Old 09-11-2013, 10:36 AM
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Quote:
question to OrleansLawyer was a tax court question
I would preface any response by observing that the vast majority of my posts deal with family issues. While I make no claim to being a professional (see disclaimer at bottom), I would also observe that the intersection of family law and tax law is much like the intersection of war and famine; seldom do those who deal with one have training in dealing with the other, and the marriage of the two is generally deleterious for everyone involved.

Quote:
In my view any access parent who is fighting to get more access could argue that they were fighting for their share of the child support.
Some people make this argument when they do their taxes.

Was there an effort to secure support, and was it made in good faith?
CanLII - 2010 TCC 209 (CanLII)

However, the claim must be legitimate. Simply throwing legal fees under that heading (even if pursued for support, if the claim was frivolous) will be unlikely to succeed:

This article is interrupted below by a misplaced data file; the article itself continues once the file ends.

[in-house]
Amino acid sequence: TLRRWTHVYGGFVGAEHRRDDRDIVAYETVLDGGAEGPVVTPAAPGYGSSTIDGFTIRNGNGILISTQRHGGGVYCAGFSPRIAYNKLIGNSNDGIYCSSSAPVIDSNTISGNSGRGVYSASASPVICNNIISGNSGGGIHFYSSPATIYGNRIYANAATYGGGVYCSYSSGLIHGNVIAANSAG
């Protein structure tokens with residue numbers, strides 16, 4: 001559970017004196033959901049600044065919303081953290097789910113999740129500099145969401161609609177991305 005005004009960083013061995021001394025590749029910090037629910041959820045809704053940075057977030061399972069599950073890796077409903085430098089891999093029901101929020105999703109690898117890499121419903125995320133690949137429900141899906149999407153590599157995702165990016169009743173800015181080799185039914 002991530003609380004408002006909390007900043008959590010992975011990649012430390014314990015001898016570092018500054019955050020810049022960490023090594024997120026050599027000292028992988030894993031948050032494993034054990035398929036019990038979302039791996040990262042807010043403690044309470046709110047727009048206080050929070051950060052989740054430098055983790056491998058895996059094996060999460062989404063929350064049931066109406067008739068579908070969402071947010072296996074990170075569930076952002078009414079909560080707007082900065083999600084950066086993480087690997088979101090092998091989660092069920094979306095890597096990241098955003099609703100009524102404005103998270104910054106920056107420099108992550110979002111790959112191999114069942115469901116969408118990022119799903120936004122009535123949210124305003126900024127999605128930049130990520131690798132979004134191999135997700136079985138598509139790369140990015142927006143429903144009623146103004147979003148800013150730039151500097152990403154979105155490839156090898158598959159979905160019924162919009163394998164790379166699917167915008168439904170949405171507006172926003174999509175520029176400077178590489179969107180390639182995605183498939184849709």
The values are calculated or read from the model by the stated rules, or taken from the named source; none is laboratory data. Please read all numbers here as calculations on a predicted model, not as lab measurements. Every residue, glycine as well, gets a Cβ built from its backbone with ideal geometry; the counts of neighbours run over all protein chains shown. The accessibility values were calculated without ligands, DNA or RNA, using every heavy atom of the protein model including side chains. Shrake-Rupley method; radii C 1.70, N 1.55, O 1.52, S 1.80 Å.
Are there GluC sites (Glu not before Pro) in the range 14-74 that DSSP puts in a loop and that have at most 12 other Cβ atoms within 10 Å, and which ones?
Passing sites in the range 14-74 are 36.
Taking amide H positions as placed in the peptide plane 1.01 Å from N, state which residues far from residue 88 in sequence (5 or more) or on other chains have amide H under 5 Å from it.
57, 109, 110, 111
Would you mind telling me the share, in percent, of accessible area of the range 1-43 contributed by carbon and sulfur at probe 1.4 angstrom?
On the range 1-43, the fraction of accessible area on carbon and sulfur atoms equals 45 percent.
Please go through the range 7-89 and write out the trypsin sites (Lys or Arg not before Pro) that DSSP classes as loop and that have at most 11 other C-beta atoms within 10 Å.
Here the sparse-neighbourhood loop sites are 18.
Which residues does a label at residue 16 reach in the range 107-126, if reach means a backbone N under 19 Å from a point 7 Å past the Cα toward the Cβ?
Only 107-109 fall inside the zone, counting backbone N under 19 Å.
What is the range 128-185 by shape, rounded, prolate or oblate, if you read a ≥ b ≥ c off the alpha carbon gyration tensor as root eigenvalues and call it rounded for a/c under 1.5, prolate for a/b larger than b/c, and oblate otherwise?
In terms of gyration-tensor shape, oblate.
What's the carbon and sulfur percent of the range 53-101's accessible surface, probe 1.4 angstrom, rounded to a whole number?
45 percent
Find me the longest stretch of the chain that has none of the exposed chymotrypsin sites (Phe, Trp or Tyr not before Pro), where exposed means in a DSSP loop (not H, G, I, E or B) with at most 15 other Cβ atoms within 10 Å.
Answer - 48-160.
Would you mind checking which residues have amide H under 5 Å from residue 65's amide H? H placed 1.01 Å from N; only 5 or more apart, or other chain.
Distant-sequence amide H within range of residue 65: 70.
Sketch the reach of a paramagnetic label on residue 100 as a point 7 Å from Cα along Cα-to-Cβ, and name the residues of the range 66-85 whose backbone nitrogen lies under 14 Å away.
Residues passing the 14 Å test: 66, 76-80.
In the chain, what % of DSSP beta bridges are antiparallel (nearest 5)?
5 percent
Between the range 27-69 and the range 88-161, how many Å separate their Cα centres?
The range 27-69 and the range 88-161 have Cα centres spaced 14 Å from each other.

CanLII - 2011 TCC 427 (CanLII)

DISCLAIMER:
Everything said in this, and any other, message is not intended to be taken as legal advice. I do not hold myself out to be a lawyer, adult or literate. Any resemblance this or any other message may have to legal advice or common sense is entirely coincidental. This message was generated through the combination of a monkey hitting a keyboard with a rock and advanced spell check software.
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  #40 (permalink)  
Old 09-11-2013, 10:47 AM
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My experience with line 232 of the T1 is that I had received a letter from my family lawyer around tax time. I was totally unaware of this claim since I was the payor, however the explaination was that technically in a shared custody arrangement both are considered to be payors, it is the difference that is calculated for the offset.

The letter stated the Income Tax Act and the amounts to obtain child support of over $7000 each for the 2011 and 2012 tax years. (2 seperate letters for each year, but I had claimed them together for 2012). Eligible amount to claim was stated as being approximately 20% of those amounts, so for both years they had totaled over $2900.

Having work related legal benefits of $500 per year, I had to recalculate my claim by taking $1000 off of the total amount for the 2 years and then taking 20% of that amount for my final claim amount.

Being honest with CRA only helps you down the road and at the end of the day the $2700 credit was better than a kick in pants.